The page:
Apple's new subcription service within the App Store could lead to legal scrutiny, according to experts.
The Wall Street Journal reports that some within the legal profession have concerns about the way the subscription service works.
Apple's new rules state that app publishers must remove any links to non-App Store purchasing options from within their apps. They can continue to sell content from within the app, though this must go through Apple, which takes a 30 percent cut.
Additionally, if the publishers of the apps sell subscriptions outside of the App Store, Apple must be able to offer the same deals within the App Store at the same price, or less.
Shubha Ghosh, an antitrust professor at the University of Wisconsin Law School, told WSJ that if Apple is seen to be exerting "anti-competitive pressures on price" or if it has enough of a dominant position in the market, there could be anti-trust implications for the company.
However, another legal expert quoted by the WSJ said that he doubted that Apple had enough of a dominant position currently to warrant anti-trust scrutiny. Herbert Hovenkamp, an antitrust professor at the University of Iowa College of Law said that if Apple were selling 60 percent or more of digital subscriptions through its App Store "then you might move into territory where an antitrust challenge would seem feasible."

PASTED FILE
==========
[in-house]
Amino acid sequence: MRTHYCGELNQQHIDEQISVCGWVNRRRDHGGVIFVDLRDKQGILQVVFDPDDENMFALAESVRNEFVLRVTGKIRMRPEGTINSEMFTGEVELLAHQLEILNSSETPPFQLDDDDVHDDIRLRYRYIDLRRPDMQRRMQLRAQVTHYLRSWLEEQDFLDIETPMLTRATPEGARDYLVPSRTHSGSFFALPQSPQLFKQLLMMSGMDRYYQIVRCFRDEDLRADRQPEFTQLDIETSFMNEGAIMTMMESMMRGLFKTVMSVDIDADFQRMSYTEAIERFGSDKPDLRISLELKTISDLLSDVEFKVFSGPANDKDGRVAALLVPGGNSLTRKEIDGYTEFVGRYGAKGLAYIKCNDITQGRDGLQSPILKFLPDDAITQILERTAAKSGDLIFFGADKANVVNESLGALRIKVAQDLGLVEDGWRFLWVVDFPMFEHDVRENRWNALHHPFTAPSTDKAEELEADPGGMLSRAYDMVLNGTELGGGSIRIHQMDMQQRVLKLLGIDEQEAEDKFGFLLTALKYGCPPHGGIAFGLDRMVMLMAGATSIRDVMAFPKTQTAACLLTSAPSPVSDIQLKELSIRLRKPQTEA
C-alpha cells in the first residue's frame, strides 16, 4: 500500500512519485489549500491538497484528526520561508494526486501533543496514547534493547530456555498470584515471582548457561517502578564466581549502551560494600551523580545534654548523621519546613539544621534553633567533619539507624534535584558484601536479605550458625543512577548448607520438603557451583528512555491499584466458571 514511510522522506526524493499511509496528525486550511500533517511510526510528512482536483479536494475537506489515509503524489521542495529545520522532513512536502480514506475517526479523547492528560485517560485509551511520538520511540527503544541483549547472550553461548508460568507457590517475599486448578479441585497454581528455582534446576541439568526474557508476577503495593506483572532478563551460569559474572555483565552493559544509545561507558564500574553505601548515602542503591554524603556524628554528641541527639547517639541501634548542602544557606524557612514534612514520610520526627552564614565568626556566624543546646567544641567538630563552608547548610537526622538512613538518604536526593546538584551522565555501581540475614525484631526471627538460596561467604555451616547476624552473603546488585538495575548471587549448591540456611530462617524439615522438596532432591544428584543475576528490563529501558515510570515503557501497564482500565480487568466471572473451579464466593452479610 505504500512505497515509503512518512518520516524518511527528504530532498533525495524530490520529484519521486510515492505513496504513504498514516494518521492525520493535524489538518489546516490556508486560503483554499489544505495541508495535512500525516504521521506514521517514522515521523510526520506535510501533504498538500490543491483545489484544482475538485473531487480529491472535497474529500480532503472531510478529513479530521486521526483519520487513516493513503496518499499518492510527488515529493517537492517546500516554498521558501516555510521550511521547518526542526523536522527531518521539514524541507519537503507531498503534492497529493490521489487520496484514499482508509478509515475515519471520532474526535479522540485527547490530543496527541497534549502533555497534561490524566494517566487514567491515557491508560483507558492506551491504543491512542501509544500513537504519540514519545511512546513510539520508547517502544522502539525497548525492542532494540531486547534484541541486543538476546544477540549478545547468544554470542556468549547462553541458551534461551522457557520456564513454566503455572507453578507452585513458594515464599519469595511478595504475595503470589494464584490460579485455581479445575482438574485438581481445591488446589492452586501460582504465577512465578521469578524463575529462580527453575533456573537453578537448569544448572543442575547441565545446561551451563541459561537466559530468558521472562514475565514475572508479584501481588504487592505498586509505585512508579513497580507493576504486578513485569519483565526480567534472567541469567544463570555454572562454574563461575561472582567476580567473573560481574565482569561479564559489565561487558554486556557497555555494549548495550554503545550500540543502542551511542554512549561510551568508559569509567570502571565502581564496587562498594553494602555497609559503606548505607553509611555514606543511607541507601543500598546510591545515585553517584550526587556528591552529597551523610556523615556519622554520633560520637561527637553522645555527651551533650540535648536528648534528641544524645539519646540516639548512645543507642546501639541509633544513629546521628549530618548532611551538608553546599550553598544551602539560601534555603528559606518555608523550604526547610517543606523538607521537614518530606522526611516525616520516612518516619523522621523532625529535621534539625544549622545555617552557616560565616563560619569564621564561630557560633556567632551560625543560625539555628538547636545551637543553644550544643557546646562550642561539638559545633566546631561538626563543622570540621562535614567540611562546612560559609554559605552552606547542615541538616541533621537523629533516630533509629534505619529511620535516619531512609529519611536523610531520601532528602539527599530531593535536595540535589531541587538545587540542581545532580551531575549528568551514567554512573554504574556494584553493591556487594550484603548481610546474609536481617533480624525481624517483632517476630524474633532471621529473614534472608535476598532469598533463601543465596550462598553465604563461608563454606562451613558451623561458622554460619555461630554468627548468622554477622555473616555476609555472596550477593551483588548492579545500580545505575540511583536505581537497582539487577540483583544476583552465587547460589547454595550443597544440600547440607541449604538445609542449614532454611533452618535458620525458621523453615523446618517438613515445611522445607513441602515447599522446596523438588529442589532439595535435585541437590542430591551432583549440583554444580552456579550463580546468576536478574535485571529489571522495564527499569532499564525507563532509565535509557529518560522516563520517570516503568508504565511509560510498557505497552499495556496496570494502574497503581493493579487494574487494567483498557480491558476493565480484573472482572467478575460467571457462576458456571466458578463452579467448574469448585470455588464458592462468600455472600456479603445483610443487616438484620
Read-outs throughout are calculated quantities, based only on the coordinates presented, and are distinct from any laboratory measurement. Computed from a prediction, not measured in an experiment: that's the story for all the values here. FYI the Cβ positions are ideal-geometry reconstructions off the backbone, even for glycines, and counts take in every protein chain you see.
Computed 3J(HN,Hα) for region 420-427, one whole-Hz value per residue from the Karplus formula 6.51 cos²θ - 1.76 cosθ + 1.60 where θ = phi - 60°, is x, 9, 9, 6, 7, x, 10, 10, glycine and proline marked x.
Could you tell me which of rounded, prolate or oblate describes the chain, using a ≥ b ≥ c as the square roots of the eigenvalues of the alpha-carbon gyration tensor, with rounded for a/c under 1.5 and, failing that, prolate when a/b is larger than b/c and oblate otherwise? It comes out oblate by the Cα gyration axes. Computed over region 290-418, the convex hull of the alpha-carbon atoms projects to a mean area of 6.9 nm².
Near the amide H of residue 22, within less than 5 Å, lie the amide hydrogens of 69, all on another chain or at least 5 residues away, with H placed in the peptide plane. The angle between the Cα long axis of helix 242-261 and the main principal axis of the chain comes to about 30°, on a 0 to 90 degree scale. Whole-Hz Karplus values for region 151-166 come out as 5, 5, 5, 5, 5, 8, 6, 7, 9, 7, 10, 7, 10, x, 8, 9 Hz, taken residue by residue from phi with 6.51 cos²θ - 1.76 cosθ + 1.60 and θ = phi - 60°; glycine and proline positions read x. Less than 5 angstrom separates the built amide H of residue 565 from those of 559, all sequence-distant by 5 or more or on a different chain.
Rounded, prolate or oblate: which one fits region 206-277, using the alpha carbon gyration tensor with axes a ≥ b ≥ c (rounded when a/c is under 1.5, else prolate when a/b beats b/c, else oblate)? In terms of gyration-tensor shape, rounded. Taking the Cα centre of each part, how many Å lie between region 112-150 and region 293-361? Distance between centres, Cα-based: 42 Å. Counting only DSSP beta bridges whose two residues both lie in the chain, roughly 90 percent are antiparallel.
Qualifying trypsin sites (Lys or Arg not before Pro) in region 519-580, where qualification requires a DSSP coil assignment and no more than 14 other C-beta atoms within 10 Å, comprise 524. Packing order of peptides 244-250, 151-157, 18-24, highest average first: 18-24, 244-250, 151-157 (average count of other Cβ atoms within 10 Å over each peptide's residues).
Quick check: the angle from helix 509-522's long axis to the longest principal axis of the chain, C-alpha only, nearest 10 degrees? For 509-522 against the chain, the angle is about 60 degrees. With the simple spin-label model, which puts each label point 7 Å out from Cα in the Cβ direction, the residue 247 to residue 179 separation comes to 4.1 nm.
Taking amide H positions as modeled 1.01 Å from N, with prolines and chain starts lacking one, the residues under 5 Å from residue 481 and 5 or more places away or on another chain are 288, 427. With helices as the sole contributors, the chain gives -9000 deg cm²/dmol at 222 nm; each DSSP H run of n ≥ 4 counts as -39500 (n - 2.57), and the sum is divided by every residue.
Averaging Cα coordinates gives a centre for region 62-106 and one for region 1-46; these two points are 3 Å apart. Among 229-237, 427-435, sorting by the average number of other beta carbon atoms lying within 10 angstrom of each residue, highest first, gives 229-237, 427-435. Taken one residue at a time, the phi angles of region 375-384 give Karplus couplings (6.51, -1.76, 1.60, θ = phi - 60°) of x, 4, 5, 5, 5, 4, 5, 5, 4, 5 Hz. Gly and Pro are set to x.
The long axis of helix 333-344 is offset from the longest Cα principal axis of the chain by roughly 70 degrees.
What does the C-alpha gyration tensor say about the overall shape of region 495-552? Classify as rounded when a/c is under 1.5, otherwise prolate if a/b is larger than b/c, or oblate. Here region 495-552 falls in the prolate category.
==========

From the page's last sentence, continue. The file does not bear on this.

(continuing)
The new rules will have significant implications for Amazon. To meet Apple's guidelines, Amazon must remove its 'Shop in Kindle Store' link from its Kindle application.
Amazon has yet to issue a comment on the matter but other app publishers are unhappy with the new rules. The Register reports that Rhapsody, a subscription-based music-streaming service, feels the arrangement is unworkable.
"An Apple-imposed arrangement that requires us to pay 30 per cent of our revenue to Apple, in addition to content fees that we pay to the music labels, publishers and artists, is economically untenable," the company said in a statement.
Many European newspapers were unhappy with Apple's demands concerning subscriptions to apps before the new policies were announced, as Macworld reported in January.